Reference: Daniel V. Schroeder, *An Introduction to Thermal Physics*, (Addison-Wesley, 2000) – Problem 1.62.

The concepts of thermal conductivity and specific heat capacity can be combined to derive the heat equation, which governs how heat spreads through an object with a non-uniform temperature distribution. We’ll derive the one-dimensional version of the heat equation.

Suppose we have a bar of material with some initial temperature distribution , where is a function of position along the bar and time , so is the initial state of the bar at . Consider two adjacent slices in the bar, each of width . The first slice is bounded by and and the second slice by and . According to heat conduction equation, the amount of heat flowing into the second slice from the first slice in time interval is

where is the thermal conductivity and is the cross-sectional area of the bar.

Similarly, the amount of heat flowing out of the second slice on the other side is

The difference is stored in the second slice and will cause a change in temperature within the slice. If the heat capacity of the material is and its mass density is then

Plugging in the values for and we get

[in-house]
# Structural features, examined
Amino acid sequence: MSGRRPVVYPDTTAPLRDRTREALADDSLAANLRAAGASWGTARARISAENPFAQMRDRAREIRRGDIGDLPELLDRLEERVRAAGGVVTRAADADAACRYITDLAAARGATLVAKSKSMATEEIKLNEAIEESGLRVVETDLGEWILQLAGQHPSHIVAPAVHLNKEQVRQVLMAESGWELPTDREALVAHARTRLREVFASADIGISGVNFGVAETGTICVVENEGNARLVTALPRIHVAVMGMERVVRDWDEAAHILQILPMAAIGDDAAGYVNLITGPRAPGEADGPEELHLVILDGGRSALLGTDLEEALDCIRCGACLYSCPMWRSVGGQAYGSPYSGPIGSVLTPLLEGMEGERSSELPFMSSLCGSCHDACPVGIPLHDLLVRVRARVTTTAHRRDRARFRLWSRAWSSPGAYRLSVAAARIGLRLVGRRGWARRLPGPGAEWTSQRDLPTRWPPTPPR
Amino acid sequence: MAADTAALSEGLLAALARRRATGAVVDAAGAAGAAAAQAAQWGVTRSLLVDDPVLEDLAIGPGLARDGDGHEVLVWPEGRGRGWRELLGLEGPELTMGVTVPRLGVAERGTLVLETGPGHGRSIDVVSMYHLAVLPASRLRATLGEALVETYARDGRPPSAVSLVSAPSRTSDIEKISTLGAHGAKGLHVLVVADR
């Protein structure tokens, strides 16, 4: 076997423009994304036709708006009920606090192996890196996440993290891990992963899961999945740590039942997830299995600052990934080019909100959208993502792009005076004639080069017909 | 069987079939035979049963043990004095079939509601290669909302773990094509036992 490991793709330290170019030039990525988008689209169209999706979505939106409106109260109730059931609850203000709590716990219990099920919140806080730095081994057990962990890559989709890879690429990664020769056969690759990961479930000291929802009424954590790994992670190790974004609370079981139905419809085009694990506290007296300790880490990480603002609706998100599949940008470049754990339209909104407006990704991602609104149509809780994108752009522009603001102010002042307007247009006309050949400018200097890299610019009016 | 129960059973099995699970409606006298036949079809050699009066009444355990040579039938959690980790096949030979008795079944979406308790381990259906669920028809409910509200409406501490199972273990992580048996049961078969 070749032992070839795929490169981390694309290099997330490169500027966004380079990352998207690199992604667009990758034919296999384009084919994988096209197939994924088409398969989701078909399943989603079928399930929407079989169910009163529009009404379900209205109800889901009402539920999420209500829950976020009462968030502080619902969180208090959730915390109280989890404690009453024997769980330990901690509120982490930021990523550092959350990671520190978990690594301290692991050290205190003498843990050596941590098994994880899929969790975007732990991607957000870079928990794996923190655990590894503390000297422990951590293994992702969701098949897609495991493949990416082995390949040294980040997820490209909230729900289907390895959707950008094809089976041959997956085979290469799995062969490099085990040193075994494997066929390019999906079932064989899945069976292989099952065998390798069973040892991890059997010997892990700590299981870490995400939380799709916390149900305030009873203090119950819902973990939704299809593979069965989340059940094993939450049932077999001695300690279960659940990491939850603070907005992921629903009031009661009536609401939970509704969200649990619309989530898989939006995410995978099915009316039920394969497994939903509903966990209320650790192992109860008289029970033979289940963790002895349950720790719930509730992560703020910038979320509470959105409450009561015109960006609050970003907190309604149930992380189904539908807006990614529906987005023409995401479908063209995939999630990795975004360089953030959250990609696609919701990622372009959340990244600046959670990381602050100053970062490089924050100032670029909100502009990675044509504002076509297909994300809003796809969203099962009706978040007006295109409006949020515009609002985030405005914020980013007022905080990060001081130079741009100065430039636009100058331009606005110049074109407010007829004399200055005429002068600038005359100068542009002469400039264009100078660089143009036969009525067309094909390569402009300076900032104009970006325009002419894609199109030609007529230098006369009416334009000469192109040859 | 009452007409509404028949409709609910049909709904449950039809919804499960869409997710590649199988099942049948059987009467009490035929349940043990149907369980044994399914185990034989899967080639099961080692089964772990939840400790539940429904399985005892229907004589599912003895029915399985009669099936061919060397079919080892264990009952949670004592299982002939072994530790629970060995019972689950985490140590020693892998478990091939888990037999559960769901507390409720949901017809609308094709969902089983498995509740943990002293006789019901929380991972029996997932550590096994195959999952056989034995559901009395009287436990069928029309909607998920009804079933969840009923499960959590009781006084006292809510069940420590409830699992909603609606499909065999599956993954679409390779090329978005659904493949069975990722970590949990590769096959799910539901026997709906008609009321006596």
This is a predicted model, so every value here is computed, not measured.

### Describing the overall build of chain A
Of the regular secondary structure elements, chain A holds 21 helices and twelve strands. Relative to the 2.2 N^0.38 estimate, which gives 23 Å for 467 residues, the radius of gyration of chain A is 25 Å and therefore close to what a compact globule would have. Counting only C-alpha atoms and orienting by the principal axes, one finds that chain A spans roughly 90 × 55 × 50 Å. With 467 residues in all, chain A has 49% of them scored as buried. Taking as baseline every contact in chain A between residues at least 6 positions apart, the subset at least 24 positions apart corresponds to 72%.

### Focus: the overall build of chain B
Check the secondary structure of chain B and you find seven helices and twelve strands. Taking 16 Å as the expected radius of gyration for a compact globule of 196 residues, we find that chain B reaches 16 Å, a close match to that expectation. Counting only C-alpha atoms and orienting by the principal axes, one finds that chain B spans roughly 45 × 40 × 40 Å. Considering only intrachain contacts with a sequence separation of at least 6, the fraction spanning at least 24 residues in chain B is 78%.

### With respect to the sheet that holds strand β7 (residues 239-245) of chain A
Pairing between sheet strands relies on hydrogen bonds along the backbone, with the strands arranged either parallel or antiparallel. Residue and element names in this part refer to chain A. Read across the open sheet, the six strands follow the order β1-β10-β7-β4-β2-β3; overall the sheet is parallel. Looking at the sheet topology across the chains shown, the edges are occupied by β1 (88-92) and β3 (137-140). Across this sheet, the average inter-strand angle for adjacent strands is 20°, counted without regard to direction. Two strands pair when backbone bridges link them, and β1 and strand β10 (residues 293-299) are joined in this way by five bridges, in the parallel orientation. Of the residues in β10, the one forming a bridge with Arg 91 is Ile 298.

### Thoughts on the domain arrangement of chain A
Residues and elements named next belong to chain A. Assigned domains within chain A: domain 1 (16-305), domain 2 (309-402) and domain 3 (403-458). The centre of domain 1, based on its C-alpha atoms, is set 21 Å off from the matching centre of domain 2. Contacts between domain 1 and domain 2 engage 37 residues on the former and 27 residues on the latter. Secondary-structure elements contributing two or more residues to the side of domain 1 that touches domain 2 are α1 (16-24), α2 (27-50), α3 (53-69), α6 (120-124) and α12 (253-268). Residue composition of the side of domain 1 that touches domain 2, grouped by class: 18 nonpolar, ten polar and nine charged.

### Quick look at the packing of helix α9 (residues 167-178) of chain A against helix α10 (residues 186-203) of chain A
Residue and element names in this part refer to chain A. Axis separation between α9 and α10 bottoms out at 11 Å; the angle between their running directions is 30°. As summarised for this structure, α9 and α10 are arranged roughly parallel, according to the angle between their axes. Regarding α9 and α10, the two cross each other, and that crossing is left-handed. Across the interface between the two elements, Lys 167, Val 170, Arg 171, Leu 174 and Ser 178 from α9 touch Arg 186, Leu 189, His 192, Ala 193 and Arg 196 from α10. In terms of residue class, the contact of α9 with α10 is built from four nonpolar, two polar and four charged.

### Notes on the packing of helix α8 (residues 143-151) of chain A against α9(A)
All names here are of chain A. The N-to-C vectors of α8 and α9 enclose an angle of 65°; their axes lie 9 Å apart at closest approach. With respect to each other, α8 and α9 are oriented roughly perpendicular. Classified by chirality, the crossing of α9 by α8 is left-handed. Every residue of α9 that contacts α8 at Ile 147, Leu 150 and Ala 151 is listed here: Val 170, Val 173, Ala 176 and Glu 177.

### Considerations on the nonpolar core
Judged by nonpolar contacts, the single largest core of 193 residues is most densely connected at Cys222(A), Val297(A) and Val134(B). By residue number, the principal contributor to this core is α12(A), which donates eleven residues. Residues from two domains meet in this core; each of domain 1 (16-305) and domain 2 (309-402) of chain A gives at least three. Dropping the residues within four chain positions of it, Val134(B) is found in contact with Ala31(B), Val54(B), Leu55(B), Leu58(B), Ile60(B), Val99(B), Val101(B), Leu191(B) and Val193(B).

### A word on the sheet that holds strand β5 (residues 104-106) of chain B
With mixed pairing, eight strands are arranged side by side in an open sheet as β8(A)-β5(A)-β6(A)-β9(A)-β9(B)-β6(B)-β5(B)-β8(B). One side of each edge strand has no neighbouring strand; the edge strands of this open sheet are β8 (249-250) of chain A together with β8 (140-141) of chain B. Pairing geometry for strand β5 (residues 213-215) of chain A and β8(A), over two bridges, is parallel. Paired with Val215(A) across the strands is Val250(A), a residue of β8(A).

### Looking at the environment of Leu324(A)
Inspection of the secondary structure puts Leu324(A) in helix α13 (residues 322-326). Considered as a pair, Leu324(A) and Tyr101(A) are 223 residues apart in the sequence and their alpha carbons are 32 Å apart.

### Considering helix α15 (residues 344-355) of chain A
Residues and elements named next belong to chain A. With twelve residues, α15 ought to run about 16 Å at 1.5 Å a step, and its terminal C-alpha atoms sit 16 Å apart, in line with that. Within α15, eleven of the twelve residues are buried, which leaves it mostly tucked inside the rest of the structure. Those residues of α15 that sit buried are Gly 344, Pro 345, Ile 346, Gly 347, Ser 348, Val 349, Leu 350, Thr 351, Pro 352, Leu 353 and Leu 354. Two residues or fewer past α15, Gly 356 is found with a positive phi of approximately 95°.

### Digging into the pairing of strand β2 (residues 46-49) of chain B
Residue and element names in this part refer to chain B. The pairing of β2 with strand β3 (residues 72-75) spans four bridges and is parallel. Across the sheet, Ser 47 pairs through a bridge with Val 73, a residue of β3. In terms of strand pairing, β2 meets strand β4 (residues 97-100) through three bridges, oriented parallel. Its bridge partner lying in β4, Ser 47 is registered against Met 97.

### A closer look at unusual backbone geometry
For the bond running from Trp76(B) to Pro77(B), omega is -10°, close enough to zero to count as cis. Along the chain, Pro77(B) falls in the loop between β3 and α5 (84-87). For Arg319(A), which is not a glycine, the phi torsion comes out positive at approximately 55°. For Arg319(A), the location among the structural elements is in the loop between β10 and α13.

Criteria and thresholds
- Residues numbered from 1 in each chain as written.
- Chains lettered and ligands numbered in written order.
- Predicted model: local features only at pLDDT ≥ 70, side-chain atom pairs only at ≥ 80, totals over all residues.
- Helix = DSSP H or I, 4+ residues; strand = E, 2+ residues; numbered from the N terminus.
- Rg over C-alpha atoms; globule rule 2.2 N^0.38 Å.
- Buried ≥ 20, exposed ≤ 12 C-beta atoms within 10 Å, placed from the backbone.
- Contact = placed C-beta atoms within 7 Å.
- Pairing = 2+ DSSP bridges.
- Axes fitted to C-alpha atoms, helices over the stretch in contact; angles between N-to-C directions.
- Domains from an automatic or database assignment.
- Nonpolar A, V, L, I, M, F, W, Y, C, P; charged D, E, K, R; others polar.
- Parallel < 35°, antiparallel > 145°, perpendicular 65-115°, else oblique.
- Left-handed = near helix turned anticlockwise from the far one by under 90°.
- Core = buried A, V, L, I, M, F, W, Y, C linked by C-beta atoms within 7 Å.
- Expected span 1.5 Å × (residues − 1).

In the limit , the quantity in brackets goes to .

If you haven’t seen this form before, the argument goes like this. For some function , the second derivative is defined as

This has the same form as 4. Thus in the limit, we get the heat equation

One solution of this equation is

where

This can be verified by taking the derivatives, and we find that

The function 9 with and is actually a delta function in the limit . Using Maple, we find that

For any , so in this limit, the function has an infinitely high spike at and an integral of 1, which are the conditions of a delta function. As time increases, the function becomes a standard Gaussian curve which gradually spreads out until as , it becomes zero, so . This is what we’d expect since the heat will gradually diffuse over the bar until everywhere is at the same background temperature. Here are some plots of for various values of , with , and :

### Like this:

Like Loading...

*Related*

Pingback: Diffusion equation | Physics pages